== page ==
Archive for August 4th, 2011

booksOkay, it’s time to admit the truth. Once, long, long ago in the dim, dusky past, I was a copyeditor. Not only that, I actually taught copyediting. Now you’d think this would help me write, but in fact all it really does is help me punctuate. Any copyeditor can tell you that editing your own stuff is always tough. However, my editing experience did help me determine one thing: the Chicago Manual of Style is both the writer’s equivalent of Holy Writ and a bitch and a half .

There are a lot of style manuals out there. Some, like Strunk and White, have only limited usefulness (and if you don’t believe me, check out their entry on flammable, which, trust me, ceased to be accurate somewhere around 1960). Some, like the AP Style Guide, are useful in particular circumstances, in this case if you’re writing for a newspaper. But the Chicago is one of those books that’s in a class by itself—it covers everything. Want to know how to deal with transliterated Arabic? The Chicago will tell you. Want to know if you should capitalize centuries? The Chicago knows. Have a copyright question? There’s a chapter on it. This, of course, makes the Chicago invaluable as a reference. So what makes it a bitch and a half? Try finding the answer to any question that isn’t exactly straightforward and you’ll find out.

Suppose you’re trying to figure out how to punctuate the following sentence: Her brother Harry was the chief of police in the town. Should Harry be set off with commas or not? Actually, it depends. If the heroine has more than one brother, then no commas are necessary because the name defines which brother is being spoken of (it’s a restrictive phrase). But if Harry is her only brother, the name would be set off with commas because brother and Harry are identical, and hence Harry is a nonrestrictive phrase (an appositive). The Chicago covers this in two different sections, but only if you happen to know the terms appositive or restrictive phrase. If you don’t, good luck in finding the rule.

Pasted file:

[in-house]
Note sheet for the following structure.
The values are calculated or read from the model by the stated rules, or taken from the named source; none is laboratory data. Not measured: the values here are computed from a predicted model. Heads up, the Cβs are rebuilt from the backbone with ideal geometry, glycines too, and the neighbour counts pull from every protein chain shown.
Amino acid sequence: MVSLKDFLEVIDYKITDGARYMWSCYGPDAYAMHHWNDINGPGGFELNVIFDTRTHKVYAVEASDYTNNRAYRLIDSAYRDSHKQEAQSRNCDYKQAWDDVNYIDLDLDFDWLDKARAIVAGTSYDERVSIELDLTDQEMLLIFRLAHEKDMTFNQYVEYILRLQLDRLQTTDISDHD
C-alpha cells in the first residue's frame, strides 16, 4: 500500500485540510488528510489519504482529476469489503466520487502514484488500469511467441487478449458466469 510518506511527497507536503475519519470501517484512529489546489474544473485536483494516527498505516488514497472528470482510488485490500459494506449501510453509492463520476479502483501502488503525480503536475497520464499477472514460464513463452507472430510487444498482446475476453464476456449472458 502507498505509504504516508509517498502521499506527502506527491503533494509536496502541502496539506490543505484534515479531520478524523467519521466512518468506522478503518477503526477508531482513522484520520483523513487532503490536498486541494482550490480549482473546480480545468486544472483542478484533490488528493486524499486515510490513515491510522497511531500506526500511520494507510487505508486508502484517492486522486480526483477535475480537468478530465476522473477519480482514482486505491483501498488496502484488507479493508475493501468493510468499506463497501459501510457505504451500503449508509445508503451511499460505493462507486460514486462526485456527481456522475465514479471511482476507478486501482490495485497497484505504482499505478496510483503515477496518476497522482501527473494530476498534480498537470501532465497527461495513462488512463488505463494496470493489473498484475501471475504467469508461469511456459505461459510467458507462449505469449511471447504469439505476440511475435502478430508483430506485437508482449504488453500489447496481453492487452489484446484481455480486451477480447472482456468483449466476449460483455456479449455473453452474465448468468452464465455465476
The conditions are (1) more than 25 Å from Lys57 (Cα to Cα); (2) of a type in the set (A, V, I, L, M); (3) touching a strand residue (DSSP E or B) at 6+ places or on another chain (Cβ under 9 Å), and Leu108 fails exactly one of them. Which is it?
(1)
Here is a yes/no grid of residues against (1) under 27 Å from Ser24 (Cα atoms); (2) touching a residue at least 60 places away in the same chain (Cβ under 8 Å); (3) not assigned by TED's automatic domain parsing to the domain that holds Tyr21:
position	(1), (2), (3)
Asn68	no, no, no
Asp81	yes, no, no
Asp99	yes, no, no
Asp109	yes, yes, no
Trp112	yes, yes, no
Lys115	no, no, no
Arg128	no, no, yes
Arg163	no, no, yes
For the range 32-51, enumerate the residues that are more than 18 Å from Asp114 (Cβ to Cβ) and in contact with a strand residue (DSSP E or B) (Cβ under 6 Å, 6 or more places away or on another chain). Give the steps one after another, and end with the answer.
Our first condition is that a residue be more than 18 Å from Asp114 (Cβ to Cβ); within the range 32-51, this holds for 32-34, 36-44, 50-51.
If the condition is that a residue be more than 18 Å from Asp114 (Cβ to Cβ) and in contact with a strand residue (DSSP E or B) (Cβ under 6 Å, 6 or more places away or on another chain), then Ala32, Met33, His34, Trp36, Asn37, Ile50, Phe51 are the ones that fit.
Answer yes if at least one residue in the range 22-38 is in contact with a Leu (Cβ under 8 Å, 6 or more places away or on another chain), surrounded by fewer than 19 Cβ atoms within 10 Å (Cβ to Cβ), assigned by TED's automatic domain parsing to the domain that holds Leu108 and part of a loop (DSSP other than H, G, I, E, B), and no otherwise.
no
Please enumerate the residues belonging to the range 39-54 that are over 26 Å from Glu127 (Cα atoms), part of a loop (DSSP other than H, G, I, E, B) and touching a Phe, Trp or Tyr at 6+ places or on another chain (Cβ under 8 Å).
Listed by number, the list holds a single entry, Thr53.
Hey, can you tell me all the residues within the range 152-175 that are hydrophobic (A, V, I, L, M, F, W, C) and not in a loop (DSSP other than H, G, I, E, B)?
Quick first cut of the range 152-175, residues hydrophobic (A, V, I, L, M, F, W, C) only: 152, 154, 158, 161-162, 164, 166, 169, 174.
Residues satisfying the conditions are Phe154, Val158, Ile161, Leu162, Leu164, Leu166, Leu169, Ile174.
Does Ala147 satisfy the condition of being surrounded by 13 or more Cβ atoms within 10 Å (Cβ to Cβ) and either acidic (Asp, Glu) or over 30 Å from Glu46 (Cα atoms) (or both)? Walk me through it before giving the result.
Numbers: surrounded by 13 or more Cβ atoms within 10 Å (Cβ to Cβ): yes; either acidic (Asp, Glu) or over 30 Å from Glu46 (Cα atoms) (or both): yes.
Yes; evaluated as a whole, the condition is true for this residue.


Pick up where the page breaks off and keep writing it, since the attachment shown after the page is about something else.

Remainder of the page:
To truly use the Chicago, you have to know the terminology used in grammar. If you’re a former English major like me, you might be able to do this (although you also might not—I actually learned a lot of this stuff from the Chicago itself since I was a lit major). If you majored in something else, you may find yourself up the creek. And that leads to the Chicago’s ultimate Catch-22: if you already know the terminology, you probably don’t need to look up the rule. If you know what restrictive and nonrestrictive refer to, chances are you also know how to punctuate them. It’s only the people who don’t know the terminology (and thus don’t know where to look for help) who need to find the information.

Ultimately, this isn’t the most frustrating thing about the Chicago. The real problem is that it’s so inclusive that you always suspect that the answer to your question must be inside somewhere, but you may spend a lot of time trying to find exactly where. And with very technical things like capitalization, you may well find that no specific rule covers the exact situation you’re trying to find. (I should also admit in passing that their usage section is fairly useless, but that’s true for a lot of usage guides.)

Still, I’d advise every writer to have a copy of the Chicago  on hand. Yeah, you can go to Google and try to find answers, but you may find a lot of different answers to the same question. If you stick with the Chicago, at least you’ll always be consistent.  Of course, you’ll also be frustrated and sometimes a little brain dead, but as we copyeditors can tell you, that’s par for the course. And you’ll always know the answer is in there. Somewhere.

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